Two longtime Boeing Co. directors are stepping down as the aerospace giant's board undergoes more changes in the wake of the 737 MAX crisis, according to people familiar with the matter.
The Chicago-based planemaker announced the retirement of Susan Schwab and Arthur Collins, Wednesday. The company isn't expected to immediately nominate new directors to the board, one of these people said. The directors' departure could be announced as soon as Wednesday, this person said.
Mr. Collins, former chief executive of medical device-maker Medtronic PLC, has been a Boeing board member since 2007. Ms. Schwab, a former U.S. trade representative, has been on the board since 2010.
The departures have been under consideration in recent weeks and are part of a longer-term push to bring new directors onto the board in the aftermath of the MAX crisis, some of the people familiar with the matter said. Four members of the expected 10-member board will have been added after the accidents.
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Boeing's board has faced scrutiny from investors and U.S. lawmakers ever since two of its 737 MAX jets crashed in October 2018 and March 2019, claiming 346 lives. A year ago, the board added two new directors with safety and engineering experience as two longtime members stepped down. Since the accidents, Boeing's board has also added a permanent safety committee and split the roles of chairman and chief executive.
The accidents led to a nearly two-year grounding of the aircraft before U.S. regulators approved it to resume passenger flights late last year. The MAX crisis, which Boeing has estimated will cost it about $20 billion, has since been compounded by the Covid-19 pandemic's blow to global air travel and demand for new commercial jetliners.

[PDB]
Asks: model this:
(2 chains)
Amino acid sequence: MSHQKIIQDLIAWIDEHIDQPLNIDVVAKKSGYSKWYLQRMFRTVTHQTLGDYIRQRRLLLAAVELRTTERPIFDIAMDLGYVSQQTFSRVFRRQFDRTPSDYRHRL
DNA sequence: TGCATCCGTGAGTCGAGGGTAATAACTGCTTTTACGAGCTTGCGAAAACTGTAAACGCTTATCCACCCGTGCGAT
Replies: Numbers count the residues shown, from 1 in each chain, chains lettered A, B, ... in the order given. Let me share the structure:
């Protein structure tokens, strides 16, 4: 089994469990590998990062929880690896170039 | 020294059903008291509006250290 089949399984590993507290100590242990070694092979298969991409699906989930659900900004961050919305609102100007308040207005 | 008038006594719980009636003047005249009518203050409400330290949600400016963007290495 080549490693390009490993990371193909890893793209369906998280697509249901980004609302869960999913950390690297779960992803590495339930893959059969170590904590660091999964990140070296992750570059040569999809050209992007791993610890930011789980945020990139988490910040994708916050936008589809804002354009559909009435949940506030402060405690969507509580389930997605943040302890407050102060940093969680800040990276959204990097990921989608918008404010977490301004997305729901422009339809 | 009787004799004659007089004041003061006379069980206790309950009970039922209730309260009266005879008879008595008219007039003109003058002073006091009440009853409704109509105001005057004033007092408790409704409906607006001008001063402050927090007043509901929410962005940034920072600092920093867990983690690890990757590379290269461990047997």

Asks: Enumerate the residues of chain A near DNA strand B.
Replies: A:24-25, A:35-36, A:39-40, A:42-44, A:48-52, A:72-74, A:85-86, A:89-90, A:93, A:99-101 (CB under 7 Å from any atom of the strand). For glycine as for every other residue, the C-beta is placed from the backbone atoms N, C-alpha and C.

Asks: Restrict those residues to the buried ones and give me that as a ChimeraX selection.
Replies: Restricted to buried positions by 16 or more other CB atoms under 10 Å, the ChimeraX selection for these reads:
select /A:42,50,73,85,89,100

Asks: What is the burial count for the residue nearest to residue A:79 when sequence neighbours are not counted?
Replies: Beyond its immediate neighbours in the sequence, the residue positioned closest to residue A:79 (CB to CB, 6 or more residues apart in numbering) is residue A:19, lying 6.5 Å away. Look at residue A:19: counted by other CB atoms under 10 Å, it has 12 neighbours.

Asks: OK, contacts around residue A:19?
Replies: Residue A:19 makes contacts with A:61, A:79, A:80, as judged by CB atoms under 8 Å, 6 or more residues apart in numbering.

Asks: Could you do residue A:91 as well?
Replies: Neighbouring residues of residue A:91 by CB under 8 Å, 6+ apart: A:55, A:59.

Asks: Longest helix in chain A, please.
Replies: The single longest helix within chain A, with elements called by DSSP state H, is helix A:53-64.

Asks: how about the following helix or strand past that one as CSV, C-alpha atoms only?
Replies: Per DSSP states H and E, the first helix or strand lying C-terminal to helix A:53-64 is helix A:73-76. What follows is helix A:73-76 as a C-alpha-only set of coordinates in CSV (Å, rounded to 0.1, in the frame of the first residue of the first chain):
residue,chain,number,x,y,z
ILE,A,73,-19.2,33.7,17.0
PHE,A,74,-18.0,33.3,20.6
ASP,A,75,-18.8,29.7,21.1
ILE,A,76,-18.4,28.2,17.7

Current and former Boeing directors and executives during the MAX crisis are facing a shareholders' lawsuit that alleges lax board oversight between the crashes and their aftermath.
The suit, filed in Delaware's Court of Chancery, cites internal Boeing documents and in part claims the company's board failed to challenge then-CEO Dennis Muilenburg on the 737 MAX's safety. It also alleges current CEO David Calhoun later exaggerated to journalists the extent of the board's oversight between and in the wake of the two accidents.
The company is seeking to dismiss the lawsuit, saying it lacks merit and "presents a misleading and incomplete picture" of Boeing's actions and the board's oversight. Boeing has said the lawsuit predictably provides a distorted account of Mr. Calhoun's interviews, saying the board's extensive and active oversight was accurately explained during those media interviews.
Boeing's board is composed of recently added and long-serving directors. Mr. Calhoun has been a director since 2009 before becoming CEO early last year. Boeing's chairman is former airline executive Larry Kellner, who has been on the board since 2011.
A year ago, Boeing added Akhil Johri, former finance chief at aerospace manufacturer United Technologies Corp., and Steven Mollenkopf, chief executive of chip maker Qualcomm Inc. They succeeded longtime directors who stepped down.
Since then, former U.S. ambassador Caroline Kennedy, a director since 2017, stepped down. She was succeeded by Lynne Doughtie, head of auditing firm KPMG's U.S. operation. Retired Navy Admiral John Richardson was named to the board in October 2019.
Two proxy advisory firms last year raised questions about board members' oversight and recommended shareholders vote against some Boeing directors to protest their handling of the MAX crisis. At last year's annual meeting, five board members faced substantial opposition, but overall won a majority in the shareholders' election.